Shuffle No More
Buffalo -- yes, Buffalo -- is now walking proud as a hip center of arts and performances. Plus, it's a cheap flight.
By Mary Ellen Slayter
Washington Post Staff Writer
Wednesday, July 9, 2003; Page C02
The gumbo was thick and delicious.
The kind my grandmother would make, if only she could afford to stock it
with so much sausage and shrimp.
And where was this
enticing bowl of gumbo? Buffalo -- a much-maligned city about 1,300 miles
from my Louisiana home town that I never thought I'd have any reason to be
in. Maybe I feared getting snowed in, even in July. Which sounds silly, yes
-- but I had heard rumors.
I was on my way back from Toronto, which I visit a lot because
my boyfriend lives there. I fly to Buffalo, then take a bus to downtown Toronto,
a "Planes, Trains and Automobiles" scheme that sometimes saves me hundreds
of dollars. In this case, on my way back to Washington, it also gave me about
four hours to entertain myself . . . in Buffalo. (Which by the way isn't
named after the shaggy beast. The city's name comes courtesy of early French
explorers, who fittingly dubbed the Niagara "Beau Fleuve," or beautiful river.)
I left the bus station and headed toward the tall buildings.
My first impression of Buffalo: inspiring architecture. Well, except the
public library, for which the designers should issue a public apology. For
penance, they should have to build three more like the gorgeous art deco
A five-minute walk led me to Main Street and the theater district.
The light rail runs along Main, and it appears to carry more traffic than
Sadly, the majority of the retail space on the bottom floors
of those grand multistory buildings, mostly home to banks and international
investment concerns, is empty. It was 2 o'clock on a Friday afternoon, and
the place was dead. I headed into the only spot that was open, taking a seat
at the bar of the Ya Ya Bayou Brewhouse. While I enjoyed my gumbo, a mammoth
muffuletta and several pints of locally brewed beer, the restaurant began
to fill up.
Students and professors from the University at Buffalo streamed
in. To my right, three grant writers discussed strategies for funding a theater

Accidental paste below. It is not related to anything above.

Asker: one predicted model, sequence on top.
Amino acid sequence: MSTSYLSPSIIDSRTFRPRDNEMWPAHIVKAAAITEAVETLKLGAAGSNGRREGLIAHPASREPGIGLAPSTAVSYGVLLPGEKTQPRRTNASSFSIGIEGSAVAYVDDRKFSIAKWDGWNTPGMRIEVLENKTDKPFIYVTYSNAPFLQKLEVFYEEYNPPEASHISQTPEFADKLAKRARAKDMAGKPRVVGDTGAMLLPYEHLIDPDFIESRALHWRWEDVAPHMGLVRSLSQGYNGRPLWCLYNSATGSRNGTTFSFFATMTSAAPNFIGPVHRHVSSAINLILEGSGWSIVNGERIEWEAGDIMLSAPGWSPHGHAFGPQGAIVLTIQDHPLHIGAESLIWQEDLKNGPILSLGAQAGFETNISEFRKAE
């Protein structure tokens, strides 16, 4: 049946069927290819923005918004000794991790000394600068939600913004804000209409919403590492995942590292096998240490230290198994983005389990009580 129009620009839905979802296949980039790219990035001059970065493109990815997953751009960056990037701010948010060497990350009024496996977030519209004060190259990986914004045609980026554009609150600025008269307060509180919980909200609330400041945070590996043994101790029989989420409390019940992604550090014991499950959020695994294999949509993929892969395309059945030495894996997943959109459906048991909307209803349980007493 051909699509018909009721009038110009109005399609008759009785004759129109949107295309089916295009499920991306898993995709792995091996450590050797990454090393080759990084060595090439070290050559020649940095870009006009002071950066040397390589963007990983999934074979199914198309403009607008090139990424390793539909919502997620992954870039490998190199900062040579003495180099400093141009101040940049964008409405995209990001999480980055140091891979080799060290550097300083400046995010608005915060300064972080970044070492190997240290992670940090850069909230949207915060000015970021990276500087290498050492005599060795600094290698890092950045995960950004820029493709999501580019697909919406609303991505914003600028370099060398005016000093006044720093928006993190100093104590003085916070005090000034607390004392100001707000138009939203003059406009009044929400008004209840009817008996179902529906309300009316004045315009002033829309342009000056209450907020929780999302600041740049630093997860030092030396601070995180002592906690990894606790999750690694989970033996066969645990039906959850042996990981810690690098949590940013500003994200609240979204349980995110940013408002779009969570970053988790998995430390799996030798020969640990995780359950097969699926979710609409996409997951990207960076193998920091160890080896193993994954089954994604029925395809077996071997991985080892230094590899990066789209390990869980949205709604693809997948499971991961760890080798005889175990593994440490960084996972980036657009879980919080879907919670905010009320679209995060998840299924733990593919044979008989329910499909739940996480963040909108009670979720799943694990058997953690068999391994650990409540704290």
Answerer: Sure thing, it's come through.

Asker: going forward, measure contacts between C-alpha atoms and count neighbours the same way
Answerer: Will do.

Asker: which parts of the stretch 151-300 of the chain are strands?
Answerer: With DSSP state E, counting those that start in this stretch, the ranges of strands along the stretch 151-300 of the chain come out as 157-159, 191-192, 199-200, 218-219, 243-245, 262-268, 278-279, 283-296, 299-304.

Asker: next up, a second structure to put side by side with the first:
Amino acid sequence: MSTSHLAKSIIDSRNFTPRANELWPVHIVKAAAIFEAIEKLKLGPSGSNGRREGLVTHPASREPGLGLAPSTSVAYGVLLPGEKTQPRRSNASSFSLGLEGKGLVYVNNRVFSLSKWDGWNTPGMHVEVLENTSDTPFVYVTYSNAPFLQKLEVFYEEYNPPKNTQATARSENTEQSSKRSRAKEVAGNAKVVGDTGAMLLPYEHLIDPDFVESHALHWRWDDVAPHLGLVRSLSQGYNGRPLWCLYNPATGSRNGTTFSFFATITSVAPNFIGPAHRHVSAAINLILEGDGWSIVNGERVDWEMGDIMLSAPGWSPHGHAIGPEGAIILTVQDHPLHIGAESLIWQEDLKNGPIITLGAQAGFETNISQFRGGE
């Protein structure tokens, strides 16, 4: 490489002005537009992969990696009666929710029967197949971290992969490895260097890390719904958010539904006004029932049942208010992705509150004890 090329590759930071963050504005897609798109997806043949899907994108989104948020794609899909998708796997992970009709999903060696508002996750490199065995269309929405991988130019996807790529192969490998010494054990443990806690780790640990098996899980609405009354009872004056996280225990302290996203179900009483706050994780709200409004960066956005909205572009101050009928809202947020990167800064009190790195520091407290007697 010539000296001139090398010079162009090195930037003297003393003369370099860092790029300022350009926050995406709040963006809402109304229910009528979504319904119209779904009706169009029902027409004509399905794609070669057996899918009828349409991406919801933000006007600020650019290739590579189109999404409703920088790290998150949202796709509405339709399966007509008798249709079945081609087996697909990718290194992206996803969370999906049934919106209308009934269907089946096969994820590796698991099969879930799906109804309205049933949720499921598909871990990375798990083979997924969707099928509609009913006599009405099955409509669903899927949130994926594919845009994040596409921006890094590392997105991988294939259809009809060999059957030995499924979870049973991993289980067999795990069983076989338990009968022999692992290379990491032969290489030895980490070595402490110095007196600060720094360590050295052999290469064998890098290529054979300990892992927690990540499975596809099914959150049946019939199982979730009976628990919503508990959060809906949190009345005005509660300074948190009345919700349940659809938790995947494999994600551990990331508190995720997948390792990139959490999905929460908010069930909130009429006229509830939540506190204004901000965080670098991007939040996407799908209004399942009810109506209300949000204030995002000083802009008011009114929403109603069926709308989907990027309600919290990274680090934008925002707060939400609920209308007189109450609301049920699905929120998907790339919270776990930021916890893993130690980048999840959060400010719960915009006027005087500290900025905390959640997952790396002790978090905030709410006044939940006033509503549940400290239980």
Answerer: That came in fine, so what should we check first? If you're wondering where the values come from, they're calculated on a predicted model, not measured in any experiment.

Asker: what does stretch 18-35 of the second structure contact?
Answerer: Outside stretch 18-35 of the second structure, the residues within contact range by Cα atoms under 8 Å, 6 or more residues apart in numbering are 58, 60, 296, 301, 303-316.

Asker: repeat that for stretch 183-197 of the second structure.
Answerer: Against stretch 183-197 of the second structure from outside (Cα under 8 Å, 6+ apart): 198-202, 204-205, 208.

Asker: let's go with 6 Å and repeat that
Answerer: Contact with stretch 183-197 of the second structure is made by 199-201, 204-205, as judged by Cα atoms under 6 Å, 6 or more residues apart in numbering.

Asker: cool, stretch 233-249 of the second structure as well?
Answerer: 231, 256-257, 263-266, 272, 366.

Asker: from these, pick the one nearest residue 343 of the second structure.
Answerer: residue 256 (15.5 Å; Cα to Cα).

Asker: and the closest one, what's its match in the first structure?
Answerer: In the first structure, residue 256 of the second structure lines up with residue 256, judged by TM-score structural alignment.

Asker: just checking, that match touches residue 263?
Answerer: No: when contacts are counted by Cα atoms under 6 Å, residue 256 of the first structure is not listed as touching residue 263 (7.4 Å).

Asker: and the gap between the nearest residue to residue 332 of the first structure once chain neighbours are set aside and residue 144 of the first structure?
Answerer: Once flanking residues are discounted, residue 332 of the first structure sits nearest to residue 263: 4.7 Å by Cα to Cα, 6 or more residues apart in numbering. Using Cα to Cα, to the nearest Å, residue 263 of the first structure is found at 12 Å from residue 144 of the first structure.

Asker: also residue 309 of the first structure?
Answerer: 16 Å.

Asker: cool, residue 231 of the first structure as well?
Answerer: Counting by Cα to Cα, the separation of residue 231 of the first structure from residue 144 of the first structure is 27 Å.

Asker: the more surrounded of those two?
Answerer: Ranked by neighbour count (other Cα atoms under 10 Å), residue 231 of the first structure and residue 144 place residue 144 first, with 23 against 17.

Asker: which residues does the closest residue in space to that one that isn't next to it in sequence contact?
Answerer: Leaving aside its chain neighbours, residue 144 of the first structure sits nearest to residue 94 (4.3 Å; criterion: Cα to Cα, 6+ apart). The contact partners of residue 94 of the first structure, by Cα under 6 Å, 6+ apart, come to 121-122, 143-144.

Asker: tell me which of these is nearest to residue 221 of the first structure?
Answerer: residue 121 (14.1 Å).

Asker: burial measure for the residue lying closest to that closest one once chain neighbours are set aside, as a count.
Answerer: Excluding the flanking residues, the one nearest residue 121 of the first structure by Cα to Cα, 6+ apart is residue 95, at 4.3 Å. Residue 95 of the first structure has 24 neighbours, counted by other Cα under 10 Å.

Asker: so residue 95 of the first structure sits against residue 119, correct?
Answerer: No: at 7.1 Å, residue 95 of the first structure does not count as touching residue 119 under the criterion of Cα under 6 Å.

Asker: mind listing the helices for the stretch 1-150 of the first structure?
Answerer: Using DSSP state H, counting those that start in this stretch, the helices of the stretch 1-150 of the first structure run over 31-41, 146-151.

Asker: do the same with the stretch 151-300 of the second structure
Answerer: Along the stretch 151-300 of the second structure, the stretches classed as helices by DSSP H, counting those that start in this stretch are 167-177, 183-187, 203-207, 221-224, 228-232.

project. Behind me, a professor vented his frustrations with plagiarism in
the Internet Age. It was a lively crowd. I stepped out on Main Street at
about 6 o'clock to see hundreds of people milling around, queuing up for
shows at one of the half-dozen or so theaters within those few blocks.
Full of good food and probably a little too much beer, I was smitten with Buffalo.
A few weeks later, I returned. This time, just for Buffalo.
No side trips to Toronto, or even Niagara Falls, which is only a half-hour
away by bus or car. I stayed at the Hyatt downtown and vowed to see the city
by rail and foot. I didn't bother asking any of the dozens of people I know
who grew up in Upstate New York where I should go. They all claim to hate
Buffalo. Asking that bunch of Buffalo-bashers for guidance would be like
asking your new boyfriend's ex-wife how he likes to spend Sunday afternoons.
I would learn about Buffalo on my own -- or at least take advice only from
people who lived there.
My first stop was the brew pub I visited before. The bartender,
Johnny, remembered me. See, this is what I like in a town. I thumbed through
ArtVoice, the city's free weekly, looking for a way to fill the hours before
the Steve Earle concert that night, the only part of my trip I had planned
It didn't take long. Carol Adams was in town, hosting a book
signing at Talking Leaves, an indie bookworm's dream near UB's north campus.
About 10 people gathered to meet the influential ecofeminist writer, who
had just published "The Pornography of Meat." While Adams's writing is not
the sort of stuff I'd generally choose for vacation reading, I couldn't pass
up a chance to meet her: This was a fairly rare public appearance. Adams,
who now lives in Dallas, grew up near Buffalo and had scheduled the discussion
during a visit home. I hopped the quick, cheap light rail back to the theater
district just in time to run upstairs and catch the first notes of the Earle
show at the Tralf, one of the city's many venues for live music.
I'd seen Earle play roughly a half-dozen times, mostly in
Washington, but I'd never seen him greeted by such an enthusiastic crowd.
Indeed, when he sang about being "a union man" in "Harlan Man," the mostly
blue-collar male audience broke into cheers.
Other than alt-country, the only other thing I really need